Amazon.com certainly deserves credit for bringing the term "recommendation engine" into the general lexicon. But recommendation engines have expanded well beyond consumer-facing shopping sites like Amazon as programmatic ways of making accurate recommendations.
Recommendation systems are now common in insurance and finance, where they can suggest coverage plans and investment opportunities, and they are also showing up in B2B settings, recommending prospects and strategies to salespeople.
So-called recommender systems analyze a mass of past choices, from one user or many users, to make new suggestions, or take attributes of one item to suggest new items with similar properties. The first approach is called collaborative filtering; the second is known as content-based filtering. The two methods are often combined.
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ACM RecSys, an annual international conference on recommender systems, will hold its seventh meeting Oct. 12-16 in Hong Kong.
"Companies are learning to capture and learn from more data sources," Dan Mallinger, data science lead at Think Big Analytics, wrote InformationWeek in an email. "As big data supports both structured and unstructured data, companies can understand everything from customer transactions, to call center data, to what's selling on secondary auctions."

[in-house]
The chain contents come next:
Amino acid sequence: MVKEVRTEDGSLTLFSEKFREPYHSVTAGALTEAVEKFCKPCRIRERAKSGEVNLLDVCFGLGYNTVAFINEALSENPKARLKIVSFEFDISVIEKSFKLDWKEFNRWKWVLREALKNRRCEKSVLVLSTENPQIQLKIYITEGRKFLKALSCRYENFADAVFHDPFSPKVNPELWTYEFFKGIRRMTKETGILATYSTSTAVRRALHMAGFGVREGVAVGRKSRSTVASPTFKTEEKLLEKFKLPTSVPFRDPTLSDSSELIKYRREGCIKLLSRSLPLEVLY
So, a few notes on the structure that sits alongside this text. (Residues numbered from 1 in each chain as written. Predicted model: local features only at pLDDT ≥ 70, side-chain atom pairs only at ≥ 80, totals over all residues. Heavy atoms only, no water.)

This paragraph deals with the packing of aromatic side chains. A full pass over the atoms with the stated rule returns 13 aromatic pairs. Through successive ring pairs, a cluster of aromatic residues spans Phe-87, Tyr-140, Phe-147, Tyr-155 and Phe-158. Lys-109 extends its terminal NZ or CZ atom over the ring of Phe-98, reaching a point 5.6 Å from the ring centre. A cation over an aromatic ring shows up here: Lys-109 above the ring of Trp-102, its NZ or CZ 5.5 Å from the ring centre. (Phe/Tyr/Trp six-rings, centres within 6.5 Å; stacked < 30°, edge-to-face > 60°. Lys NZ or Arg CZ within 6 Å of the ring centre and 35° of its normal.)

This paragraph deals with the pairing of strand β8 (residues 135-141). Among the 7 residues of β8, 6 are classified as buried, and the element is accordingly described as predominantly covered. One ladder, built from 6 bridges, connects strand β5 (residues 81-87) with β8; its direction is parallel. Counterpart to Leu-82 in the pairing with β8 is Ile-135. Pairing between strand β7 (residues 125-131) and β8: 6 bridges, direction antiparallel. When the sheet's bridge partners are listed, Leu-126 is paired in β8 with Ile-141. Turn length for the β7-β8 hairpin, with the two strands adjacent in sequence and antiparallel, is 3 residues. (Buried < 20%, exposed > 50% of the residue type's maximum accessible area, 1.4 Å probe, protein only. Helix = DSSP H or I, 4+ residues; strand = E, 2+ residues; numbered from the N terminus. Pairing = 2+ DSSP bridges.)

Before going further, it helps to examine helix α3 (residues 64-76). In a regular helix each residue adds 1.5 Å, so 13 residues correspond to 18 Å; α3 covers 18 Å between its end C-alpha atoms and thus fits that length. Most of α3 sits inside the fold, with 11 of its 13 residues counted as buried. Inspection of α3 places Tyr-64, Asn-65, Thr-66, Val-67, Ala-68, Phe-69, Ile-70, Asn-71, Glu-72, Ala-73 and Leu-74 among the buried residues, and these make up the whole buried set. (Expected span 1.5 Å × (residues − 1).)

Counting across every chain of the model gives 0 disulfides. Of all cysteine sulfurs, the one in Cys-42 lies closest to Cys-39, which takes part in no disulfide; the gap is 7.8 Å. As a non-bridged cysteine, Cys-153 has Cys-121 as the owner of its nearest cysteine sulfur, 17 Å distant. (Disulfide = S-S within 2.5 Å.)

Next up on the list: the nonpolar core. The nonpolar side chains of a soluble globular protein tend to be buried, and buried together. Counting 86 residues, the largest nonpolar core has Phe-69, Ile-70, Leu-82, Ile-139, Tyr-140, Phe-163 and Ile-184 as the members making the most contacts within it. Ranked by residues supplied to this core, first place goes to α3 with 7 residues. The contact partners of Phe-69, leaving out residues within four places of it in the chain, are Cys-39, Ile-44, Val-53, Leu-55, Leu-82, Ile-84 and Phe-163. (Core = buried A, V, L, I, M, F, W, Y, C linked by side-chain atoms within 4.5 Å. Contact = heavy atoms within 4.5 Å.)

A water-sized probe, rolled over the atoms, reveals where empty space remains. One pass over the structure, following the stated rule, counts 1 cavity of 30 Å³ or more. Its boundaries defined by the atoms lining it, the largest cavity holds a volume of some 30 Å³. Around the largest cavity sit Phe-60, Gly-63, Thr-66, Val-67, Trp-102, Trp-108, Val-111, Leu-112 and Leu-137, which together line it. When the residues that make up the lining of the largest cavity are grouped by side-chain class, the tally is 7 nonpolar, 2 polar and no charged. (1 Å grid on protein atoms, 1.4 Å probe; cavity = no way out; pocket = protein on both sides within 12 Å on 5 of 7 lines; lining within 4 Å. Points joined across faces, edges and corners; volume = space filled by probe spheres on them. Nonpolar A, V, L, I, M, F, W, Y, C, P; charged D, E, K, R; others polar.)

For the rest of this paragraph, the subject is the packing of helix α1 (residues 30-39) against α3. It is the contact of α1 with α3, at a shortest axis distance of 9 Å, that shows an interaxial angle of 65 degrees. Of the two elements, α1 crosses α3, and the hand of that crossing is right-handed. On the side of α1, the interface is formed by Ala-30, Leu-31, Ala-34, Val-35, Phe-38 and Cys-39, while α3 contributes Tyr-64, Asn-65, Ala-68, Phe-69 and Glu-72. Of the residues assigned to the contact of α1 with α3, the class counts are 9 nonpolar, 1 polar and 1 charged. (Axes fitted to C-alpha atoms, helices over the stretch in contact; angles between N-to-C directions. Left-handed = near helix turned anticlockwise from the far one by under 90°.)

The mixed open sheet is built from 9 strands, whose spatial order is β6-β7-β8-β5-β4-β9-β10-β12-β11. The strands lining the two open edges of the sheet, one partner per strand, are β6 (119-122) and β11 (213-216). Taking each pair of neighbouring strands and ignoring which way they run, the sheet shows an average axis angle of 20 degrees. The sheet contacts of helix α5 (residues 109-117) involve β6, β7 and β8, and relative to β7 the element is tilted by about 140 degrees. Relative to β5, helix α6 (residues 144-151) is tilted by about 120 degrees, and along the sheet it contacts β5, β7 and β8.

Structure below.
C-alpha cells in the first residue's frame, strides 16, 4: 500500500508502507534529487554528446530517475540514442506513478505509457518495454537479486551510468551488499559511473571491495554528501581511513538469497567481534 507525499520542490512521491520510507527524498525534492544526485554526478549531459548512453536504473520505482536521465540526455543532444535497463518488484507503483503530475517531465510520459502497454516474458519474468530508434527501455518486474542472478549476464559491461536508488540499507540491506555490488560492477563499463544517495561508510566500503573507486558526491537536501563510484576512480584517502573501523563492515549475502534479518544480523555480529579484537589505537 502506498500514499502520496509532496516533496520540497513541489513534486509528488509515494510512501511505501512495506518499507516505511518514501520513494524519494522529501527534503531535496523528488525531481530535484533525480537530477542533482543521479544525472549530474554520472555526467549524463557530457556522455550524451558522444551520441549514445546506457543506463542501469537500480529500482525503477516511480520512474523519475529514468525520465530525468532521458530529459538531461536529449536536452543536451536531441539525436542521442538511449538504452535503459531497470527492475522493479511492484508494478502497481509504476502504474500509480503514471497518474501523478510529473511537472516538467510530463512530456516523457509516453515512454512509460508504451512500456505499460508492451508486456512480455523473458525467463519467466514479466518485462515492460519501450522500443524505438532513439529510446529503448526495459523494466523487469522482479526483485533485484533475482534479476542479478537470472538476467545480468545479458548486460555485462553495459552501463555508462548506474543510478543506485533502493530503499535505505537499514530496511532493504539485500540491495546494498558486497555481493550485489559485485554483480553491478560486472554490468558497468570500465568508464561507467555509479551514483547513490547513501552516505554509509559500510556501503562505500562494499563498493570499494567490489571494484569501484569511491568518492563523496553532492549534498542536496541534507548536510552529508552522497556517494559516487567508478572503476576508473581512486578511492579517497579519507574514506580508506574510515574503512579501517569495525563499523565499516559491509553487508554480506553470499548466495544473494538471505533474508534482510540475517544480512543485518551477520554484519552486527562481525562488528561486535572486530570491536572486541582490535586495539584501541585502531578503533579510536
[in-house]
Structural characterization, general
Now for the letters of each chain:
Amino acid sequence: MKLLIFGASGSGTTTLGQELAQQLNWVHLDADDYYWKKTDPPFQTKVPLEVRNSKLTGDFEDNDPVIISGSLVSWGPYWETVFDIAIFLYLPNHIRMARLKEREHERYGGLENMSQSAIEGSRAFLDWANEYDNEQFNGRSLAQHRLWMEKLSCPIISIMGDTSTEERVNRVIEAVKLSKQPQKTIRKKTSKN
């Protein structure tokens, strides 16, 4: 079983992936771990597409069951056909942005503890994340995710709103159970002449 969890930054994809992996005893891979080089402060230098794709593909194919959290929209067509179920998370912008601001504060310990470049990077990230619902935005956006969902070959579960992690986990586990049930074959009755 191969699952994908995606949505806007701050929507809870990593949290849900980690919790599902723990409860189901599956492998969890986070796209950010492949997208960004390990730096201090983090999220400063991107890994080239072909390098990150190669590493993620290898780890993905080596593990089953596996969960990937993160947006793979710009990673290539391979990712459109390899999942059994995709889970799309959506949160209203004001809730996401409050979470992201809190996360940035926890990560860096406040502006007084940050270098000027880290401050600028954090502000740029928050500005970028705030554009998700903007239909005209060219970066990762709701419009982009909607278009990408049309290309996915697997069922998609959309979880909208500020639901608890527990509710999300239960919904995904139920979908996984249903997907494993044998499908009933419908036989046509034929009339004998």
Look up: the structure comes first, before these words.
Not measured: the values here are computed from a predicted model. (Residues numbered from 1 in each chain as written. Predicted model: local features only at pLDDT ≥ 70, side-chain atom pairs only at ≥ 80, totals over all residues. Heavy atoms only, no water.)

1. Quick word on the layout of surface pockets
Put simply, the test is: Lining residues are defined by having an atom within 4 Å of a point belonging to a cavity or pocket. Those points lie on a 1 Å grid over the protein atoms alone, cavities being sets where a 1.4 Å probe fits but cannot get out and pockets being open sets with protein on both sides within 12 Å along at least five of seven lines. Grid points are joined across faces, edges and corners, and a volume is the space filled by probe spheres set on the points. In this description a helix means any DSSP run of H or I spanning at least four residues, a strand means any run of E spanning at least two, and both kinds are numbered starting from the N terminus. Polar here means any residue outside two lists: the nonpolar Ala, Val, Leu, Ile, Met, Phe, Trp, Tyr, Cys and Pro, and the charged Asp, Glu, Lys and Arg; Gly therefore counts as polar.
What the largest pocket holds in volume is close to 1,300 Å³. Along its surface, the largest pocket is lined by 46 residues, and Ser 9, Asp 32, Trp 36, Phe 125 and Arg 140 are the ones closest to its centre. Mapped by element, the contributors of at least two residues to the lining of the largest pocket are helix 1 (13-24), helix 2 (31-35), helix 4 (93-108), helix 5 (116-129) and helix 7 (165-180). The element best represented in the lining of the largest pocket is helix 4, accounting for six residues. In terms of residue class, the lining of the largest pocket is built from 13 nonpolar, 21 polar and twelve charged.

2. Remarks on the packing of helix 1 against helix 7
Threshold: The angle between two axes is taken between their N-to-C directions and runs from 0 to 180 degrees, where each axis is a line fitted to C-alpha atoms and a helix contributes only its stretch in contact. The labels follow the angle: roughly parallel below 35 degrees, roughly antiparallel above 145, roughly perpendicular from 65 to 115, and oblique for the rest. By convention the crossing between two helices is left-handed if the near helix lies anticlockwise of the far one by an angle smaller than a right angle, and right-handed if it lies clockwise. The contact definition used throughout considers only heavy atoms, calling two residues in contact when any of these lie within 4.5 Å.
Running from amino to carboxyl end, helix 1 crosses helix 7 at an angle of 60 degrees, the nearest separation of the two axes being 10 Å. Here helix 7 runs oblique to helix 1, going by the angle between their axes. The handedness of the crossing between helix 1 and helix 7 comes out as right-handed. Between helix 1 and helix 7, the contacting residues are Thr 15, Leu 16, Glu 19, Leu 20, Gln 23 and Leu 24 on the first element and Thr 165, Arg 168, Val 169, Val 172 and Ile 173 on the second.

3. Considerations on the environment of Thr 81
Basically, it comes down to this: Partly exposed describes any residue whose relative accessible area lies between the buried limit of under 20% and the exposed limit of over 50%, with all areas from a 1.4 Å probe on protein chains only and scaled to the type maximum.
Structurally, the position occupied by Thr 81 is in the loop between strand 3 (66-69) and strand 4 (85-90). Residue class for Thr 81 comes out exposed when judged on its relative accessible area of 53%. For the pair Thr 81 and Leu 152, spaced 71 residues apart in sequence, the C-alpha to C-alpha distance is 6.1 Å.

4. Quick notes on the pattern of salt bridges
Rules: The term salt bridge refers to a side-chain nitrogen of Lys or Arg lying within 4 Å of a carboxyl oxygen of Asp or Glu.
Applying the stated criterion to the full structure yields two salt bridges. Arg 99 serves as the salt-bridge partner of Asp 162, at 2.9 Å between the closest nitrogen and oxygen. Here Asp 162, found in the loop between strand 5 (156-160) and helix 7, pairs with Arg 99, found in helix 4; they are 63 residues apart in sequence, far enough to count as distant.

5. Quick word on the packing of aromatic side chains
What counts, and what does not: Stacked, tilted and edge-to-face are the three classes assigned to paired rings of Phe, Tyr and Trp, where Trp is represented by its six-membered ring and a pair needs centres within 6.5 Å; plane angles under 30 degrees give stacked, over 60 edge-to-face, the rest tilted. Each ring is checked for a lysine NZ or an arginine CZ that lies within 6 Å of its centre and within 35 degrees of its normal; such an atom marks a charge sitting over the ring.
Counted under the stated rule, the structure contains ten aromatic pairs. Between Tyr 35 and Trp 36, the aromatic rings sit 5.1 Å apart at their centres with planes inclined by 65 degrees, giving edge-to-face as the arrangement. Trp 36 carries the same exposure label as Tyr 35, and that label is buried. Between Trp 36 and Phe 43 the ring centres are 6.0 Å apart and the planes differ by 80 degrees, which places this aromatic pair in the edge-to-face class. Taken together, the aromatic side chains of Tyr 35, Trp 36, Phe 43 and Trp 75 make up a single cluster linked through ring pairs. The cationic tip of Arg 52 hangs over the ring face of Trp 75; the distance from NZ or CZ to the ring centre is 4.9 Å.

Recommendation engines come into play "anywhere options proliferate and search alone does not sufficiently limit results," he wrote.
Figuring out what kind of artwork to suggest to online shoppers is the goal of a home-grown recommendation engine being developed at startup Suede Lane
"We're developing a new way for people to develop their taste without needing to know any industry jargon," founder and CEO Yinka Abdu told InformationWeek. These recommendations will, for instance, help shoppers find, buy and enjoy a painting in the impressionist style without needing to know that term.
Abdu also sees an opportunity to use recommendation engines to educate shoppers. "There's a huge swath of people who want to learn about art or design," she said, imagining a future recommendation engine that might point Suede Lane visitors to educational resources once her website detects -- based on explicit or implicit choices -- an interest in, say, cubism.